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Tuesday, 9 May 2000
Page: 16063


Mr ANDREW THOMSON (4:04 PM) —This MPI has been proposed today by the member for Wills, who shares the same surname as I do. We have shared some time abroad. I have known two members for Wills since I was elected to this place. The first former member, Mr Cleary, is difficult to describe. You might perhaps think of David Suzuki in a steroid rage to get some idea of what he was like from time to time here in the chamber. He had some views that were profoundly opposed to private enterprise generally. The time I have spent privately with the current member for Wills on these overseas trips has been pleasant. I have found him to be a straightforward sort of fellow. But I must say that once back in Canberra he takes on another sort of appearance. The sorts of things he says remind you not of that hale fellow you would have a drink with in Manila or Tokyo but almost of someone resembling a minor terrorist in the way he goes about attacking some of our public officials and, indeed, in his attempts from time to time here—I think by some sort of agreement with those in the industrial wing of the Labor movement—to sabotage the implementation of a very important tax reform.

That is what really lies behind this MPI. There is a deliberate campaign to inflict as much damage as possible on one of the four vital organs of Australia's civilised society. If you think of the four real pillars of a civilised country, you have the parliament, which debates and passes laws; you have the courts, where people seek justice; you have the defence forces, which seek to ensure the nation's security; and, finally, you have the Taxation Office, not on its own a particularly popular institution but a very important one for ensuring that our society remains stable. When the system that the tax office is asked to administer is inefficient, complicated, leads to a lot of litigation and is gradually raising less and less revenue from growing sectors of the economy, it is necessary to reform it, and that is what this government has done.

I might say it is not the first time it has been attempted. Cast your minds back to the early eighties, when a Labor Treasurer tried to introduce a consumption tax for the very reasons that this government has done so. By coincidence, it was another member for Wills who sabotaged that effort. It was indeed Prime Minister Hawke, who together with his colleagues, his mates in the trade union movement, knocked it off late one night. So there you have an example of the trade union movement seeking to injure the national interest by conspiracy with their parliamentary wing for political gain. If they are willing to do it to the tax office, then you have to ask yourself what they will do next when they have a disagreement about a policy. Would they sabotage Australia's defence forces and put in peril the security of Australians to achieve a political aim? Perhaps they do so to create the false impression that there is some sort of turmoil about the government's policy, all for a political aim. That is what they are doing with the tax office. This is the industrial wing and the parliamentary wing of the Labor Party acting in concert. That is the nature of this party that occupies the opposition benches: it is a creature of the trade union movement. And we know about their internal processes, don't we? Their elections are secretive, corrupt and often involve violence. This has been exposed particularly in unions in the communications sector around Sydney in the last few years, and all credit to Paul Sheehan for so exposing.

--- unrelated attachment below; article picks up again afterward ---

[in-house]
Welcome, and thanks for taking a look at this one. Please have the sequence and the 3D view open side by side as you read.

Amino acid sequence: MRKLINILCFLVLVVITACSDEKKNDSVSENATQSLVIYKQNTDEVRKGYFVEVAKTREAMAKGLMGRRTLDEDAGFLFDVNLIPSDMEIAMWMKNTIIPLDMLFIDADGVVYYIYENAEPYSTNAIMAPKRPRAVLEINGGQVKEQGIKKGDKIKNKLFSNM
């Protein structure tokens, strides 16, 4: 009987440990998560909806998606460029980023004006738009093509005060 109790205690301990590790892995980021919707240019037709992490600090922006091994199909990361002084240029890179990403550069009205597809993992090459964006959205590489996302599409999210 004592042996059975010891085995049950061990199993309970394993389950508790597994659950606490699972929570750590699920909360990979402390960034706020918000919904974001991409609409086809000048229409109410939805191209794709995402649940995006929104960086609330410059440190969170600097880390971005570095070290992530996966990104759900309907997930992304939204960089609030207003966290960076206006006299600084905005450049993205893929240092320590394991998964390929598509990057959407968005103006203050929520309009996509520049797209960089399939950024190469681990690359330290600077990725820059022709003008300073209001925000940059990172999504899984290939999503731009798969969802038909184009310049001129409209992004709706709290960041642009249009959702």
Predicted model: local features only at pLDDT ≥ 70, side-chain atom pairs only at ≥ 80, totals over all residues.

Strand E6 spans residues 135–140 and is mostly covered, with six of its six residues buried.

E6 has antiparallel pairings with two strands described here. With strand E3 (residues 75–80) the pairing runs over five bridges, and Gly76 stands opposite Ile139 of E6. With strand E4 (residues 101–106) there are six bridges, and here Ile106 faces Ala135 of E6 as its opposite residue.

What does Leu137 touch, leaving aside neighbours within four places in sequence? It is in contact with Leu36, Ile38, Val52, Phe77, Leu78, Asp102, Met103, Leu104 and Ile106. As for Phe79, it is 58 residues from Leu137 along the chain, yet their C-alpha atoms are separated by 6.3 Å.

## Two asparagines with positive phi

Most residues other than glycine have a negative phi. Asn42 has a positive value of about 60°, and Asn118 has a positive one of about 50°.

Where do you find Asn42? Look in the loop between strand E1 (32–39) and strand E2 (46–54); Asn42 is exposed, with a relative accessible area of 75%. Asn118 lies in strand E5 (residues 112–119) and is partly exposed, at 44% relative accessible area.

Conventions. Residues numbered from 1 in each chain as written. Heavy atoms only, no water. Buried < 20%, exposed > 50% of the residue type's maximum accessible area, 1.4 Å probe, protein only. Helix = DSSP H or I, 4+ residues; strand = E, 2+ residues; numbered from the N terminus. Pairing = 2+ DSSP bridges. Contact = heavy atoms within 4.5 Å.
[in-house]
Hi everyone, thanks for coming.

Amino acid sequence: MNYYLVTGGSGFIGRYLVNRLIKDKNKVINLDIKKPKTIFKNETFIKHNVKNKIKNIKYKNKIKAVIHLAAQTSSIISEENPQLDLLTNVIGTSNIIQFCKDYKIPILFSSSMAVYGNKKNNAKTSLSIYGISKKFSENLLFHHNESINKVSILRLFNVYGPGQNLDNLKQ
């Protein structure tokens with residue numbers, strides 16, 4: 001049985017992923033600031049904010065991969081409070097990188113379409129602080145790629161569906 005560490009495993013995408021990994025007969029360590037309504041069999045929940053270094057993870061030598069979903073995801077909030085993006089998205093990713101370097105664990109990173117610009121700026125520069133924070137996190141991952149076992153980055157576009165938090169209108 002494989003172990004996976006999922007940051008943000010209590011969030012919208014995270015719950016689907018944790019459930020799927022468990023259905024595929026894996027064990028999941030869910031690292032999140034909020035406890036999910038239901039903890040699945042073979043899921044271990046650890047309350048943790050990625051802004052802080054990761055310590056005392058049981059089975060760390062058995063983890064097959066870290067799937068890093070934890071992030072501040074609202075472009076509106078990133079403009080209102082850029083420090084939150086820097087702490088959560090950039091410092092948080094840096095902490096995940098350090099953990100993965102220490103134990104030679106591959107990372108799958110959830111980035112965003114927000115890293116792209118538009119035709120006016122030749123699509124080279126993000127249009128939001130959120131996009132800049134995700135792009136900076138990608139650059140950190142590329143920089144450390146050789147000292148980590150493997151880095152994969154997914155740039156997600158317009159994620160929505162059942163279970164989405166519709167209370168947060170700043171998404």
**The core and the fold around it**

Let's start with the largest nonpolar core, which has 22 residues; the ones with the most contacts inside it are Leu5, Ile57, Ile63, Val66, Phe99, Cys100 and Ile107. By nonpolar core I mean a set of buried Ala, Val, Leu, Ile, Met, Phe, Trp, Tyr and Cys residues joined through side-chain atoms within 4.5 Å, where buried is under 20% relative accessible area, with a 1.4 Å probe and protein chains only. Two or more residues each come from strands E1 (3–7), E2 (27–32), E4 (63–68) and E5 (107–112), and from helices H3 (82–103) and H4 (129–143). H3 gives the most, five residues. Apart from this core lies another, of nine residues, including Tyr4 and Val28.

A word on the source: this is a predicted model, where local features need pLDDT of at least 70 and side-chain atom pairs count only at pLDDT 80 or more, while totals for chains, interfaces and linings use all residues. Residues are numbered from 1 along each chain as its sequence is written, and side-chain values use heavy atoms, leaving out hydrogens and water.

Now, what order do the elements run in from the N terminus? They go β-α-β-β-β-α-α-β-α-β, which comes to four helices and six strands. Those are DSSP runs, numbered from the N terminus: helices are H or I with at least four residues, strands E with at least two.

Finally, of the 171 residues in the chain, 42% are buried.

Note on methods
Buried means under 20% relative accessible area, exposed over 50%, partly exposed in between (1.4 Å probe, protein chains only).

There is nothing wrong with trade unions per se. Indeed, the member for Wills and I share a good friend who is the secretary of a trade union, the same union that the member for Wills is a member of himself—the Australian Workers Union. Our friend, like the many others who hold that position, is a thoroughly decent person. There is nothing wrong with serving in office in a properly run trade union and seeking legitimate industrial objectives under the laws of this nation, but there is something very profoundly wrong with conspiring to injure the national interest by disrupting the operations of the Taxation Office. That is what they are about: this is quite clearly sabotage by a party that not only is unwilling to repeal the tax about which it complains so bitterly but even is arguing the case that the existing system is somehow okay—it is not broken.